PICTURE -- Big vs. small impact wrench

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Your statement indicating that you've never looked at the design, explains why you don't understand the actions involved, and why the rest of your theories about the tools' actions are incorrect.
The rotational direction of the striking parts is not reversed, doesn't change direction (unless the user changes the direction of the output to reverse the direction of rotation of the fastener).
The striking parts work with other parts to deliver glancing blows to the driven parts (output shaft).
BTW, the impacting action doesn't start until the fastener exhibits some rotational resistance/opposition to the tool's output (the fastener being installed becomes seated, a self-locking fastener, rusted or damaged threads, or a seated fastener needs impacting force to loosen it). However, mechanics that frequently assemble threaded parts cross-threaded, will experience the impacting action more often.
The practice of starting the fastener for the first couple of turns with just finger power generally eliminates the possibility of cross-threading the fastener.
Normally, the tool acts like a rotational driver unless a high(er) driving force needs to be applied.
Typically, some torque can be felt by the user that holds an air-operated impact wrench not attached to a fastener, and gooses the trigger to wide-open repeatedly, just to hear the tool's exaust noise. This torque is caused by the tool's air motor rotor jumping from zero/low speed to full speed, and the counter force of compressed air acting between the tool housing and the air motor's moving parts.
WB ......... metalworking projects www.kwagmire.com/metal_proj.html


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You are not thinking hard enough about the problem that is solved by impact wrenches.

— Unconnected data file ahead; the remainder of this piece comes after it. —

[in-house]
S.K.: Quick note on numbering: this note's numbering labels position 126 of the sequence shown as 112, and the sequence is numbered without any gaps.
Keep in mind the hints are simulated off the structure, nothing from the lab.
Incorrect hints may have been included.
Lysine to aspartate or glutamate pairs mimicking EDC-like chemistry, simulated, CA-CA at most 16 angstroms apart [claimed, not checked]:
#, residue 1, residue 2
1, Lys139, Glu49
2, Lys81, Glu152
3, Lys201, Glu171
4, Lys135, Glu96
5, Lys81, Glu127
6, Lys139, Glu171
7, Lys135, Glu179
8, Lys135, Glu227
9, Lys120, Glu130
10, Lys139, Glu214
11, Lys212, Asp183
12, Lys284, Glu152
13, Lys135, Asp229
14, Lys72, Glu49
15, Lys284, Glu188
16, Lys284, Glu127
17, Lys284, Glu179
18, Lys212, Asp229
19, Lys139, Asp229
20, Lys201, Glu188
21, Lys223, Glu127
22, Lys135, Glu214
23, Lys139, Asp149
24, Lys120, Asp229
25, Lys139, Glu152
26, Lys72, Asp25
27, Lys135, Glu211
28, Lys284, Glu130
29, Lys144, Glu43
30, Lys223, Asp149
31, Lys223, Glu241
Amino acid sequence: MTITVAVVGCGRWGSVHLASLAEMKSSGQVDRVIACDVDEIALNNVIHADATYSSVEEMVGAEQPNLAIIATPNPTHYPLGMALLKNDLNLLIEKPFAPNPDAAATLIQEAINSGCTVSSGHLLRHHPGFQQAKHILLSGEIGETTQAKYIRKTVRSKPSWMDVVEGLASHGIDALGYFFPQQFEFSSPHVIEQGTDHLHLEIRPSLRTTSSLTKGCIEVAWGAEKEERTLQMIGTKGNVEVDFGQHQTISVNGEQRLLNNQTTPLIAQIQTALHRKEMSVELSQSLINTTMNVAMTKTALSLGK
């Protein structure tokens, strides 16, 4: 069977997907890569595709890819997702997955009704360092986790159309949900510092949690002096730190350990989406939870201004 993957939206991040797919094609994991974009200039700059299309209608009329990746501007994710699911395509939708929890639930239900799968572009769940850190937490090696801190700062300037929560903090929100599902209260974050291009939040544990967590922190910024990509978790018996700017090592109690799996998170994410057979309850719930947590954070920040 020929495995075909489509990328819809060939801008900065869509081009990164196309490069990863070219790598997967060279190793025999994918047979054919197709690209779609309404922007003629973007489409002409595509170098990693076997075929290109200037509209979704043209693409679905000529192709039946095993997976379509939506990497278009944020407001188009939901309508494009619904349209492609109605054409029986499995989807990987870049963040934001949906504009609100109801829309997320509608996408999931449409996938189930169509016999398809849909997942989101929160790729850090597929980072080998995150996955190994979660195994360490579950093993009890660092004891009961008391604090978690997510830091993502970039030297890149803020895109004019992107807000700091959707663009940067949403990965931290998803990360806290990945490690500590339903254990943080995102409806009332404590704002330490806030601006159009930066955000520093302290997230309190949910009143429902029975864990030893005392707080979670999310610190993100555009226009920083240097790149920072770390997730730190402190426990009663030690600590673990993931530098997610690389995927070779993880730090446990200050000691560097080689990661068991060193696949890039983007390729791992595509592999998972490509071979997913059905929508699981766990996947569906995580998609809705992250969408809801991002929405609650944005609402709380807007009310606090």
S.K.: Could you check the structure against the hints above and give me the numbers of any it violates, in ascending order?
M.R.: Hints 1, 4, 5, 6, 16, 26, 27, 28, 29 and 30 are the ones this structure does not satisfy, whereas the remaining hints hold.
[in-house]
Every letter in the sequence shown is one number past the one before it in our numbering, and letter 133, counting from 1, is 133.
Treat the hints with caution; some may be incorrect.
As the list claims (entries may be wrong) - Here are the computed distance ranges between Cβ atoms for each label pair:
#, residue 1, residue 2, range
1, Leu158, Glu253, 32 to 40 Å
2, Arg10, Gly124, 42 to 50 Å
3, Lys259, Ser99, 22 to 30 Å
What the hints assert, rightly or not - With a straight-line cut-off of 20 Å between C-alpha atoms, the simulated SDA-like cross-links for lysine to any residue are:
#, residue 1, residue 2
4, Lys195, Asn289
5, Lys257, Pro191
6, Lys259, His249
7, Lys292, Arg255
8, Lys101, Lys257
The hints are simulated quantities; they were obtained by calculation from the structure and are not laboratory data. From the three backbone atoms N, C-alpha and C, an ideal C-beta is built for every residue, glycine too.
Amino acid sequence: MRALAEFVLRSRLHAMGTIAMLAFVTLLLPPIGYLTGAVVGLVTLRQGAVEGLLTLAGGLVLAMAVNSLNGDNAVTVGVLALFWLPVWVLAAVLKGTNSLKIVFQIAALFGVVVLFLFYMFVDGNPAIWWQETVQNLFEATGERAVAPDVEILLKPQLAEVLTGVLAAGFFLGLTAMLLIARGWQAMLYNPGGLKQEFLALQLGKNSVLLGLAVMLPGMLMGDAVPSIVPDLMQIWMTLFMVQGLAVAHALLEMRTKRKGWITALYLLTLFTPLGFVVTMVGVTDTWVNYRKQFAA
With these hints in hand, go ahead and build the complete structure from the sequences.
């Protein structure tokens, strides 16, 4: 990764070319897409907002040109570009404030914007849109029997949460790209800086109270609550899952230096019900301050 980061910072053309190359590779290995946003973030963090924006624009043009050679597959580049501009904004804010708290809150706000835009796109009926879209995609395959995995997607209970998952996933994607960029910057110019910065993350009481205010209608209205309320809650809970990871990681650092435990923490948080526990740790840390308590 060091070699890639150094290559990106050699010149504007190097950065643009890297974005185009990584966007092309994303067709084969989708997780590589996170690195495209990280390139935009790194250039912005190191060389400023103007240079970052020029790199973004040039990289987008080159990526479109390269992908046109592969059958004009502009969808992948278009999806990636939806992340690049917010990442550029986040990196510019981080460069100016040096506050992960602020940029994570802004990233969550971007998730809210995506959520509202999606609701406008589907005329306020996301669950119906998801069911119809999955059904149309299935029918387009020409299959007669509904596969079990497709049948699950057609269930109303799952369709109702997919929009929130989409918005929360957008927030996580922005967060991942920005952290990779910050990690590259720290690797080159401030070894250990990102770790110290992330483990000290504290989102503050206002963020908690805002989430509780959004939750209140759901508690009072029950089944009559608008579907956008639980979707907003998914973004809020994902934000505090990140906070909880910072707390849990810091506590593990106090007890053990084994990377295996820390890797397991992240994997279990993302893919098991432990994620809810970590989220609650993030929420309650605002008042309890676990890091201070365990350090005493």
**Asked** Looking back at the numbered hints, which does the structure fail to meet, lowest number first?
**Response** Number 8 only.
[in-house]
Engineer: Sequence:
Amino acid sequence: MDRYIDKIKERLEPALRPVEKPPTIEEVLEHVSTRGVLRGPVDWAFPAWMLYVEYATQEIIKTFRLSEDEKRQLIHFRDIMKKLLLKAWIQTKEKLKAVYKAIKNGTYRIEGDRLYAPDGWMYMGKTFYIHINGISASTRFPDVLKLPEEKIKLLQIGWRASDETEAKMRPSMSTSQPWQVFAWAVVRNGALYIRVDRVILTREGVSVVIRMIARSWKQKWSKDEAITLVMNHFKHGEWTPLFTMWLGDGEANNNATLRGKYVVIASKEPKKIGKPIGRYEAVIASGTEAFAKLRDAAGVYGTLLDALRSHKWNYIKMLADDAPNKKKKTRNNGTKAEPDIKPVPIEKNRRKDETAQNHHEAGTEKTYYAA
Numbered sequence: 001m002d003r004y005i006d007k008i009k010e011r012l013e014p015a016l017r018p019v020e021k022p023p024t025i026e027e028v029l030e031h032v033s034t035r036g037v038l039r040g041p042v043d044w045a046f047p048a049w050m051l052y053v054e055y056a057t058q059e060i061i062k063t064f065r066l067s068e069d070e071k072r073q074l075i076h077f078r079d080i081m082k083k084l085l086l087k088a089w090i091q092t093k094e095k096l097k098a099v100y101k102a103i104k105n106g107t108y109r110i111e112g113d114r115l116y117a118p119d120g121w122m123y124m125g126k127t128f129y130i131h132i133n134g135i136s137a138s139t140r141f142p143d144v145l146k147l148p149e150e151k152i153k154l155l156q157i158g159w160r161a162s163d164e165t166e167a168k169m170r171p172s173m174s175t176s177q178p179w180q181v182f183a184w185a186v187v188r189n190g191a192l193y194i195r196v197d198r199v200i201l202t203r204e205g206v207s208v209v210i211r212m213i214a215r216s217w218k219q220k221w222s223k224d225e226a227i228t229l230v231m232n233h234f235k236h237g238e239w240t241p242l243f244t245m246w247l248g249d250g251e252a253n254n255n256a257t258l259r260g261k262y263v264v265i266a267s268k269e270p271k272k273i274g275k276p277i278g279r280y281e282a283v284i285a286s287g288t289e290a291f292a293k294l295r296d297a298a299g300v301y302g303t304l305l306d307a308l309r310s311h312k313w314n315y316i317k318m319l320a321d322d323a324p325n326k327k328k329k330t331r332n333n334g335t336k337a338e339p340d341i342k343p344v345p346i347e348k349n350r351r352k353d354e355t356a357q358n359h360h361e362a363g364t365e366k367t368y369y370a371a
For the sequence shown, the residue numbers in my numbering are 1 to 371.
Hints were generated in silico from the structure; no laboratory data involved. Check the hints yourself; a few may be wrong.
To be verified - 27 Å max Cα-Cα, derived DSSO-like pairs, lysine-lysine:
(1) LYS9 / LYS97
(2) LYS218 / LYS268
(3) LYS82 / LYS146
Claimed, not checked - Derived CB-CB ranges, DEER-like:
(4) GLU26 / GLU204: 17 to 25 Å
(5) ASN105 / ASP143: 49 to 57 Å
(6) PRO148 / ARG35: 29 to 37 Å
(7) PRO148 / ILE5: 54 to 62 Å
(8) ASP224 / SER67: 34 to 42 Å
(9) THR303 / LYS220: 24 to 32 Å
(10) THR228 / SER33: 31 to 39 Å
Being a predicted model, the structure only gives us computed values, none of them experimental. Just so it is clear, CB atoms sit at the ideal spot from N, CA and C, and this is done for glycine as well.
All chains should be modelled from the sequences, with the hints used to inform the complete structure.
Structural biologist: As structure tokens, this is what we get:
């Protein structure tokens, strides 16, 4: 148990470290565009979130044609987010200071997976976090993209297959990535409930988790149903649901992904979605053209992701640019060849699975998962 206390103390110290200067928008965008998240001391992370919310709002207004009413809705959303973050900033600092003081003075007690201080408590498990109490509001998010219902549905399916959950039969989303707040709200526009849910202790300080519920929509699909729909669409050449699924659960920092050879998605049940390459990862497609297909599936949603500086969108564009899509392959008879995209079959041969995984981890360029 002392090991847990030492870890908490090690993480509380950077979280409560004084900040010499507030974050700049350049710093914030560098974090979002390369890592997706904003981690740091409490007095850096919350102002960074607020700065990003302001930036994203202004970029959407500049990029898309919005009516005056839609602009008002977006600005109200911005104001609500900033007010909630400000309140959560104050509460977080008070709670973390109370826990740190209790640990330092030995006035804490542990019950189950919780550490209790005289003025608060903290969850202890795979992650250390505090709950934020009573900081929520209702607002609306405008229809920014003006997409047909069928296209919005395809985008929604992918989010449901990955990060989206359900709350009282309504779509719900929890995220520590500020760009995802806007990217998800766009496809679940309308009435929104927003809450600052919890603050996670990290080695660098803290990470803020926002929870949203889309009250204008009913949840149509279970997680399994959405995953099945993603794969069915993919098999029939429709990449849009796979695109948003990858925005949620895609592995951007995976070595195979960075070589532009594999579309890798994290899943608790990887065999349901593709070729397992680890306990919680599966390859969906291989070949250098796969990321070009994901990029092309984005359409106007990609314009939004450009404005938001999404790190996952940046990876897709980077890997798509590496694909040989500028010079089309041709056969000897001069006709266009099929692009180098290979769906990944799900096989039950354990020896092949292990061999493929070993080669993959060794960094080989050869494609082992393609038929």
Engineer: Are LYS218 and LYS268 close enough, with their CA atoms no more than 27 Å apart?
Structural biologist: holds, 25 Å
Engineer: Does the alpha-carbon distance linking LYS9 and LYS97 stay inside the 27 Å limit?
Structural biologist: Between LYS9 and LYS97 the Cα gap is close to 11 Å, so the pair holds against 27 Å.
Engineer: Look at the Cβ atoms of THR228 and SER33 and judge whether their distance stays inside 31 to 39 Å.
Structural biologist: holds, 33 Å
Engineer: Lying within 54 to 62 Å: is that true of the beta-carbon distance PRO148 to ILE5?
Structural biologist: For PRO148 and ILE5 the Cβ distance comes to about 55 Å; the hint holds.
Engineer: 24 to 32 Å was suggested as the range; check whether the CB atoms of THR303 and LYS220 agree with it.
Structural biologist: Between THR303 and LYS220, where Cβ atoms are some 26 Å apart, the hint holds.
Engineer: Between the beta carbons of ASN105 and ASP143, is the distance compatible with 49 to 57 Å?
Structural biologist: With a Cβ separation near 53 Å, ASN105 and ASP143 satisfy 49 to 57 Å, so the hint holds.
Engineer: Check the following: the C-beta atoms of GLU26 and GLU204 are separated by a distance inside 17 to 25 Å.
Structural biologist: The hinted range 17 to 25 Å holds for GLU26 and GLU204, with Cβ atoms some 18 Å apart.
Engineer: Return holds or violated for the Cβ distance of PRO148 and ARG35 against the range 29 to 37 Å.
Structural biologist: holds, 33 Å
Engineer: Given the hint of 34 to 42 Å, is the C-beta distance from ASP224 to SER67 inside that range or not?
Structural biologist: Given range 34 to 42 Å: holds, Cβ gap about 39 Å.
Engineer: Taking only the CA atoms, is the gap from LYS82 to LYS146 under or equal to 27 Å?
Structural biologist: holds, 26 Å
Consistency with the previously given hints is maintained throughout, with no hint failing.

The only net torque that must get transfered to the operator is the torque required to make the nut and socket and rotate in free space - aka when not attached to anything. This is because as the nut comes off, the only thing that actually moves, is the nut and the internal parts of the wrench, and therefor the only torque that must be transfered to the operator is the torque required to turn the nut a few rotations if it were floating in weightless in space - which is basically something even a 50 lb kid could support.
The very large amounts of torque applied to break the nut free is applied, and then removed - so the net change is zero. In a perfect impact driver, if the nut didn't move, the operator would feel no torque at all.
It works because it applies a large amount of torque in a short time - which causes some part of the wrench to start moving, but then a smaller torque is applied in the opposite direction for a longer period of time, causing the moving parts to come to a stop - with no need to transfer any net motion or torque to the operator if the nut didn't move. And when the nut does move, the only torque transfered to the operator is the torque to overcome the angular momentum of the nut.
Still, life is not perfect, and I'll bet that big ass wrench could knock a very big guy on his butt at times.
--
Curt Welch http://CurtWelch.Com /
snipped-for-privacy@kcwc.com http://NewsReader.Com /
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wrote:

More likely if the big guy was off balance when he tried to pick the tool up. ;~)
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Ah, the patch.....
I remember many times when roughnecks would ask to borrow "those little wrenches" (anything smaller than 2").
-Zz
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Google search Bob Sapp and re-evaluate. :)
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Joe Agro, Jr.
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Sorry. If you can't post a cite to back up your argument, it has to be a weak argument.
Steve
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Steve, IIRC Joe makes a living working with this kind of stuff.
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Hmm... Define "Makes a living" <grin>
It was more of a joke than a serious post although Bob Sapp is probably one of the scariest human beings on the face of the earth when it comes to raw strength and size. If there is a human who can conquer the larger tools without beinbg tossed around like a play thing, it's him. Of course, he probably doesn't have a minute of tool training in him so who knows...
Regards, Joe Agro, Jr. (800) 871-5022 01.908.542.0244 Automatic / Pneumatic Drills: http://www.AutoDrill.com Multiple Spindle Drills: http://www.Multi-Drill.com
V8013-R
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I'm no pipsqueak, but this guy looks like he could frighten a 5" diameter bolt loose!!!